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Blockbuster or Niche? Competitive Strategy under Network Effects

Yinbo Feng () and Ming Hu ()
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Yinbo Feng: School of Management, Fudan University, Shanghai, China, 200433
Ming Hu: Rotman School of Management, University of Toronto, Toronto, Ontario, Canada M5S 3E6

No 17-13, Working Papers from NET Institute

Abstract: We provide a theory unifying the long tail and blockbuster phenomenon. Specifically, we analyze a three-stage game where the firms first make entry decisions, then decide on the investment in its product and lastly customers sequentially arrive to make purchase decisions based on product quality and historic sales under the network effect. We analytically show that a growing network effect always contributes to the demand concentration on a small number of products. However, product variety and quality investments, as an outcome of firms¡¯ ex-ante competitive decisions, may increase or decrease, as the network effect grows. When the network effect parameter is smaller than a threshold, the increasing network effect would shift more demand towards the products with higher qualities, preempting more products from entering the market ex ante and inducing firms to adopt the blockbuster equilibrium strategy by making larger quality investment. When the network effect is stronger than the threshold, the increasing network effect would make the market easily concentrated to a few products. Even some low quality ones may have chances to become a ¡°hit.¡± Interestingly, in this case, the ex-ante equilibrium product variety would be broader and firms adopt the niche equilibrium strategy by maker smaller quality investment. We empirically test the theory with the movie box office data and find strong supporting evidence.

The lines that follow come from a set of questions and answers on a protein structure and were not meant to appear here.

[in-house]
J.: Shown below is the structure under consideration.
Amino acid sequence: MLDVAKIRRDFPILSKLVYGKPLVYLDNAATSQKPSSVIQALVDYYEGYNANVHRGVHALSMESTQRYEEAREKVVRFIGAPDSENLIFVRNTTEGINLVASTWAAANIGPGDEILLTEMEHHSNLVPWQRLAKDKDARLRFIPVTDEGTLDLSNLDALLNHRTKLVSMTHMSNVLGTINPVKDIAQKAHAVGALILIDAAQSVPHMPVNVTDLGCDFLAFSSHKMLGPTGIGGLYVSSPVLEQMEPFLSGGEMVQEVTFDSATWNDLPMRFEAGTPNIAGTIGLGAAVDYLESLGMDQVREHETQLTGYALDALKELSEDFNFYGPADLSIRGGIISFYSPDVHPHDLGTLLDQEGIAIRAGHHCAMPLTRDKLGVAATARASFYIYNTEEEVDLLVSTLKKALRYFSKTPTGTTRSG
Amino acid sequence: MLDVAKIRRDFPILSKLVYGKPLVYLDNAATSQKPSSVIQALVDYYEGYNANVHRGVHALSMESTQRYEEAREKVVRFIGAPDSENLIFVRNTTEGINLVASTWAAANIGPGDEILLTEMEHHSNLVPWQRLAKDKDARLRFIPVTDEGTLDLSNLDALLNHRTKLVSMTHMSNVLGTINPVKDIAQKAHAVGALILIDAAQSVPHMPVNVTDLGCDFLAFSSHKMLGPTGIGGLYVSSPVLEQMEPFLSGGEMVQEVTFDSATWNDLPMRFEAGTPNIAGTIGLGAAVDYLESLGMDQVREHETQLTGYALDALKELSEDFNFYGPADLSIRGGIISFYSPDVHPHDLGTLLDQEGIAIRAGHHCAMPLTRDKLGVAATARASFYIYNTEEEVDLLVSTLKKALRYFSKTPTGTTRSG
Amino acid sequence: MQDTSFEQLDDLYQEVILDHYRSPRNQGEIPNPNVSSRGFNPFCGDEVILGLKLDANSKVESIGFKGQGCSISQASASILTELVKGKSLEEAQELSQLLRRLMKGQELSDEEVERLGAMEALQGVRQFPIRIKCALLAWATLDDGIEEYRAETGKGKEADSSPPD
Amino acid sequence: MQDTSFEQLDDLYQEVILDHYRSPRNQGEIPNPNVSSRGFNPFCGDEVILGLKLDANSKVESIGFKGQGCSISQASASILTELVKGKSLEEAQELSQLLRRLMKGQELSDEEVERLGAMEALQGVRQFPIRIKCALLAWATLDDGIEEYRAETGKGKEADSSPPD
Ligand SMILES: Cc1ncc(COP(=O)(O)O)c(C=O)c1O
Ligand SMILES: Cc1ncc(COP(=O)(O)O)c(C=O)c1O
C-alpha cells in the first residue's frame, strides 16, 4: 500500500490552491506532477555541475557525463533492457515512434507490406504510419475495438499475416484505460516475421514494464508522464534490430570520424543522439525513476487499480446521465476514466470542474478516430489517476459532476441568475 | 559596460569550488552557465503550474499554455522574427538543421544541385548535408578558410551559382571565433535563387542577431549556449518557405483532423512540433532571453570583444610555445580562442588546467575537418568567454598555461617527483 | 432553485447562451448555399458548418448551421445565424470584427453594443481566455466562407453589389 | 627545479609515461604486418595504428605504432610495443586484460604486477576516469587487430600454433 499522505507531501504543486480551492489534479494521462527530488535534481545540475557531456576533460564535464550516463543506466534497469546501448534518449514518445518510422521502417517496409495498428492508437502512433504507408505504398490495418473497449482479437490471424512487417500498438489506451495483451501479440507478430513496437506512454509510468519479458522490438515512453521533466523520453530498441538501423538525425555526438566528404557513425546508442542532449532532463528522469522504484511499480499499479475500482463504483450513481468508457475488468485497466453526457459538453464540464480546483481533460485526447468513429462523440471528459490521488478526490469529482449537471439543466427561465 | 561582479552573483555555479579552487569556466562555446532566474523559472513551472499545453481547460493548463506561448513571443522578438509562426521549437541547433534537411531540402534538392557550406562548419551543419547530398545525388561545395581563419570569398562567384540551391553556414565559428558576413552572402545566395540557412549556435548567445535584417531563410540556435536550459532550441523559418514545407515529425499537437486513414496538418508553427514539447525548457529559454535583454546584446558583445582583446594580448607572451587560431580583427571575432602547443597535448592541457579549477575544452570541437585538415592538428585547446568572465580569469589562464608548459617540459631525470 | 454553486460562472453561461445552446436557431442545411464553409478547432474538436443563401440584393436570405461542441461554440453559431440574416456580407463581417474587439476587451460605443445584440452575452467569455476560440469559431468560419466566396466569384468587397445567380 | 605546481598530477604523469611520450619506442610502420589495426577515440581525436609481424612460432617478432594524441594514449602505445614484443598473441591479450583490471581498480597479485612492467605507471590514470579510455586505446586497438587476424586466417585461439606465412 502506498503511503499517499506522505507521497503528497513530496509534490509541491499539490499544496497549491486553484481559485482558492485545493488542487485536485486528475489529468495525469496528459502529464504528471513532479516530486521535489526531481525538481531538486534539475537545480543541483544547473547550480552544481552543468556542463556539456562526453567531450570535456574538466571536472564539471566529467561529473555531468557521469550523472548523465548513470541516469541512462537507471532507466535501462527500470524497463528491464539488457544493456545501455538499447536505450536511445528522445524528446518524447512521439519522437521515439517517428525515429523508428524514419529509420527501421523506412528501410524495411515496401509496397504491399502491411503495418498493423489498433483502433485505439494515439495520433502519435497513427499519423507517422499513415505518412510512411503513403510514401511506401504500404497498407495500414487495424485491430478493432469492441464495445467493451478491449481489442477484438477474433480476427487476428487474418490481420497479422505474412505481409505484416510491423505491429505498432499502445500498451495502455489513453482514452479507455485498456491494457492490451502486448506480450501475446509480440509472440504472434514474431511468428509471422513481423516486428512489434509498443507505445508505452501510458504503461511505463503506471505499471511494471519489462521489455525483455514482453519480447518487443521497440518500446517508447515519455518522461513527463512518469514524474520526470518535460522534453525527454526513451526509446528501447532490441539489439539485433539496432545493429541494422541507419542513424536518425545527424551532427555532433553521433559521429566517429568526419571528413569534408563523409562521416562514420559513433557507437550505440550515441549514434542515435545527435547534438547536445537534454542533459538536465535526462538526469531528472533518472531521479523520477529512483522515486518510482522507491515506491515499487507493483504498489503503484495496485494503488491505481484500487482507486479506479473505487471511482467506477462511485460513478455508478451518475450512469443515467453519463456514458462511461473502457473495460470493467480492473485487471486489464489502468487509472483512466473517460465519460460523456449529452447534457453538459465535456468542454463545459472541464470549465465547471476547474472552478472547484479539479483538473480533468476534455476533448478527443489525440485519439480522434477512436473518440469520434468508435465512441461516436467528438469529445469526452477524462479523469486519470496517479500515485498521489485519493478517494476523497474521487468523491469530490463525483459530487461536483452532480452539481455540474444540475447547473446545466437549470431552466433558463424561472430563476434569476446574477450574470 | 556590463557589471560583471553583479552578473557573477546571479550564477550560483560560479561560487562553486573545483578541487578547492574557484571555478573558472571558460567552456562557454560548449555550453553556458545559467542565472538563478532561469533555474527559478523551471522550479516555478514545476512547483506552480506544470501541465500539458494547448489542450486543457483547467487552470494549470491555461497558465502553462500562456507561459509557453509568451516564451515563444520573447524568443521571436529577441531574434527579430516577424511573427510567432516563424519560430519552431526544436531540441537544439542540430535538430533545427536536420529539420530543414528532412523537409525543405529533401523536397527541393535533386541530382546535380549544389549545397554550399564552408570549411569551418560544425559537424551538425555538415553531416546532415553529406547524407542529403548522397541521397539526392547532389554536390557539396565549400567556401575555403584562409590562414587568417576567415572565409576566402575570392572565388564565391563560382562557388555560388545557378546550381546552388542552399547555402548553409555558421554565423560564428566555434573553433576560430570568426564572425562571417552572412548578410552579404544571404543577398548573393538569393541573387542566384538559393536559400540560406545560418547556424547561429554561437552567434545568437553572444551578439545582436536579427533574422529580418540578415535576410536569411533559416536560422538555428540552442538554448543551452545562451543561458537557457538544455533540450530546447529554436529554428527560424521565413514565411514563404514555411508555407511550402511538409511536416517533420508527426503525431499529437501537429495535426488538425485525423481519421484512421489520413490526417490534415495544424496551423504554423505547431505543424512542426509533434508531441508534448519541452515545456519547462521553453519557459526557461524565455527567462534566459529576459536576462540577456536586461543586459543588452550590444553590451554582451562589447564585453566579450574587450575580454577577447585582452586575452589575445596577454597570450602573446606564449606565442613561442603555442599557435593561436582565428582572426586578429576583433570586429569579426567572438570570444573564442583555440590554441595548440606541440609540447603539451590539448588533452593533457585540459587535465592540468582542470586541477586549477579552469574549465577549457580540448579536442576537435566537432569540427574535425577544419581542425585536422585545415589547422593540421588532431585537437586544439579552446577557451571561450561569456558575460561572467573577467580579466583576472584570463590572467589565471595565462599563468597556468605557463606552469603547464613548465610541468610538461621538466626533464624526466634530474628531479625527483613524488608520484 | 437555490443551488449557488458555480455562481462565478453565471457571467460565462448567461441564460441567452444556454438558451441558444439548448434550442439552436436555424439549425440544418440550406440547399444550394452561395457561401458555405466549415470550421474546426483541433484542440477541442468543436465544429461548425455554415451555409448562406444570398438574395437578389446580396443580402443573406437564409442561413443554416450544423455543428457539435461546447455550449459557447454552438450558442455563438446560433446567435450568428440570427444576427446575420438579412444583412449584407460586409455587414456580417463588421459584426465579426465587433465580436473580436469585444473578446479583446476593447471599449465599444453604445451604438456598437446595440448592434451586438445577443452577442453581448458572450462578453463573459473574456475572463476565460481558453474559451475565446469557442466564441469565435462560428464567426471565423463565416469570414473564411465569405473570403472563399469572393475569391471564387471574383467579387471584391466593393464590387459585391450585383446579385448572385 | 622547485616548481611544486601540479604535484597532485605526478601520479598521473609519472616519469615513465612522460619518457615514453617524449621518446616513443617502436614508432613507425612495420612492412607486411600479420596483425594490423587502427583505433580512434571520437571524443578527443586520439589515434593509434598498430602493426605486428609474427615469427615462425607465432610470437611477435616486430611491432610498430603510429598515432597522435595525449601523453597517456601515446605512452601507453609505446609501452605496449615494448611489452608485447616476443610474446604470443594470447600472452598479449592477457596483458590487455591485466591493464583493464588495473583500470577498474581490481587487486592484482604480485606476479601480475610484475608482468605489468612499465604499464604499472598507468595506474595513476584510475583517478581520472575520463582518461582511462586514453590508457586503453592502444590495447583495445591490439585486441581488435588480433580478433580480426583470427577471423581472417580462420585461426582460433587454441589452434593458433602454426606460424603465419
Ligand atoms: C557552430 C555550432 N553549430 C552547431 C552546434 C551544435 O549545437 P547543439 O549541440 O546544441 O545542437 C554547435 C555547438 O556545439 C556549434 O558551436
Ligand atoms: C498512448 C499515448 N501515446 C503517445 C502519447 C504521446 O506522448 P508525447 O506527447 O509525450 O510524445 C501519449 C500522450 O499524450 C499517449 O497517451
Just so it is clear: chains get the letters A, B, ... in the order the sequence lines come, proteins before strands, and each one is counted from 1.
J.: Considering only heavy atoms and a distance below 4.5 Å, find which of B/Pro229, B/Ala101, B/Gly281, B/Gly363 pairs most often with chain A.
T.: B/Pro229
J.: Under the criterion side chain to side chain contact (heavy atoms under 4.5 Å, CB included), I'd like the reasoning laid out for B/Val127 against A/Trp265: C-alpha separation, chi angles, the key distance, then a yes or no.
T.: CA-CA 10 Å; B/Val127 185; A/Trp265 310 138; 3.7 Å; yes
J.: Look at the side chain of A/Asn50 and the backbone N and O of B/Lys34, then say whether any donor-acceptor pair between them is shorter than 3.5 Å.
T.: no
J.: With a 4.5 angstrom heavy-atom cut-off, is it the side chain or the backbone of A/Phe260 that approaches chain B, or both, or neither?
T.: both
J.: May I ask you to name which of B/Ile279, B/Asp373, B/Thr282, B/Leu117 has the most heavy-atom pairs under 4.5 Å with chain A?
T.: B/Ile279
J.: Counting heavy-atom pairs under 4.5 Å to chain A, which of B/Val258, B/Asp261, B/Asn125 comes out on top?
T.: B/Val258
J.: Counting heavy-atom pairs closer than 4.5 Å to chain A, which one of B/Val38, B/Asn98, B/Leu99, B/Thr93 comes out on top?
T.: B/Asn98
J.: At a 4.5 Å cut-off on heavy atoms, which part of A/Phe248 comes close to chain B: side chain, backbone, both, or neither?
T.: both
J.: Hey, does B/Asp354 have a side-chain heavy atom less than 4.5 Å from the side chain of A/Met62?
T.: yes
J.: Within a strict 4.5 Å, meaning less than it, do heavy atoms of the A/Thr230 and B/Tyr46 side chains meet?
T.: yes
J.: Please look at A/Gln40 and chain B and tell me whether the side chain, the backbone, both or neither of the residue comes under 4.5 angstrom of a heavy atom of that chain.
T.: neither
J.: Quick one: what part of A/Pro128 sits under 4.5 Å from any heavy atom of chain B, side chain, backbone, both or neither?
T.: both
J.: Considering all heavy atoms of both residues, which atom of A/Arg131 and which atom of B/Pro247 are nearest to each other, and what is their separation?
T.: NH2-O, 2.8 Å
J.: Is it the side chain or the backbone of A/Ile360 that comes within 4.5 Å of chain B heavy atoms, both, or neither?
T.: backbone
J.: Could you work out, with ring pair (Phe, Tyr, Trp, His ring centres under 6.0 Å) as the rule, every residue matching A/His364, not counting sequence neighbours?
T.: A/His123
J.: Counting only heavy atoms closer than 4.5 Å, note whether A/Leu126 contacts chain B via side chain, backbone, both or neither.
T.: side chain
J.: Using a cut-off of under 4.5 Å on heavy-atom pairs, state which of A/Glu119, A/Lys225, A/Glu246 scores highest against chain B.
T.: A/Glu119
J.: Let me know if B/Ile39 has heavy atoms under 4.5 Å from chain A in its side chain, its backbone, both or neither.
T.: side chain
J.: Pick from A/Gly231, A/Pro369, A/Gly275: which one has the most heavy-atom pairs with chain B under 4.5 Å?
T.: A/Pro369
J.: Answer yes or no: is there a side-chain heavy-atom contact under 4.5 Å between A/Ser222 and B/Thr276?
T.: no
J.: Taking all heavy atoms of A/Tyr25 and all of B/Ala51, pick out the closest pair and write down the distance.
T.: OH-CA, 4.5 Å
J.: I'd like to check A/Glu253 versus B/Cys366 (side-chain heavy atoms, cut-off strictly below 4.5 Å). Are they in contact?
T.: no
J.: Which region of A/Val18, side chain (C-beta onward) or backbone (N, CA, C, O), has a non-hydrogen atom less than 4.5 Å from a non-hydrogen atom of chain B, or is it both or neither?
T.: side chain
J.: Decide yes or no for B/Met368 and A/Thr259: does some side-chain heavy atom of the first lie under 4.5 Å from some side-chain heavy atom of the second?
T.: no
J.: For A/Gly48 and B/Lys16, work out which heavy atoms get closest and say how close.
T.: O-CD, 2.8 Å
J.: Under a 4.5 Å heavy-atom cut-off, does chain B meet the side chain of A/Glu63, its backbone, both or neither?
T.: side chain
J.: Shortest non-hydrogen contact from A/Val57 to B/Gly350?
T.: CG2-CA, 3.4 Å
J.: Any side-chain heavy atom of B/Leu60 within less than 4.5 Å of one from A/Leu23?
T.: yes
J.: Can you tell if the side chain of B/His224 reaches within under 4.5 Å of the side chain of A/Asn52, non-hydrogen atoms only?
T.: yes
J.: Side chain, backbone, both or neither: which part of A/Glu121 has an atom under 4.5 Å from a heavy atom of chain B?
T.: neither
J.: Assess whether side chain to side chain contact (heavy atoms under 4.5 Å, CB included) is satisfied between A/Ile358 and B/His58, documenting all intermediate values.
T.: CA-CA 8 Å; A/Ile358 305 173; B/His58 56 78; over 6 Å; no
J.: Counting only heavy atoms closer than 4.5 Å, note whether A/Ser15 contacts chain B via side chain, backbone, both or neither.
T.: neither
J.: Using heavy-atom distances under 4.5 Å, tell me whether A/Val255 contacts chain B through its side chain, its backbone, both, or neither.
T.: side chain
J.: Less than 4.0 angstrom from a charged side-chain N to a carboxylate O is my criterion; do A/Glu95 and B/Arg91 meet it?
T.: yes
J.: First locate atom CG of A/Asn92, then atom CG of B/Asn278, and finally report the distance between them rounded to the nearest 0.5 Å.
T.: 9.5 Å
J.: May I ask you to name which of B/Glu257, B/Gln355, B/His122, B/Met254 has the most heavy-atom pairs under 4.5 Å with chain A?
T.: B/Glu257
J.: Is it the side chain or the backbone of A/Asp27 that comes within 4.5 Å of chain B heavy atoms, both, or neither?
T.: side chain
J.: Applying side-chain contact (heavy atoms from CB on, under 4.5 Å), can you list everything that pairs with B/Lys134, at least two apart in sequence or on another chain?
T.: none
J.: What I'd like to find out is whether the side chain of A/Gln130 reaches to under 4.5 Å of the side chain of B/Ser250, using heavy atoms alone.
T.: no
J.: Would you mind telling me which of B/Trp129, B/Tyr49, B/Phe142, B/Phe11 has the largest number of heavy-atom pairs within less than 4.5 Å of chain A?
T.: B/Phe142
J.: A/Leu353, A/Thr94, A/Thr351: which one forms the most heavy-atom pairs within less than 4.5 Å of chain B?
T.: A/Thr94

Keywords: long tail; blockbuster; niche; product variety; network effect (search for similar items in EconPapers)
JEL-codes: C72 D43 L11 L25 M21 (search for similar items in EconPapers)
Pages: 45 pages
Date: 2017-10
New Economics Papers: this item is included in nep-bec, nep-com, nep-cta, nep-gth and nep-mic
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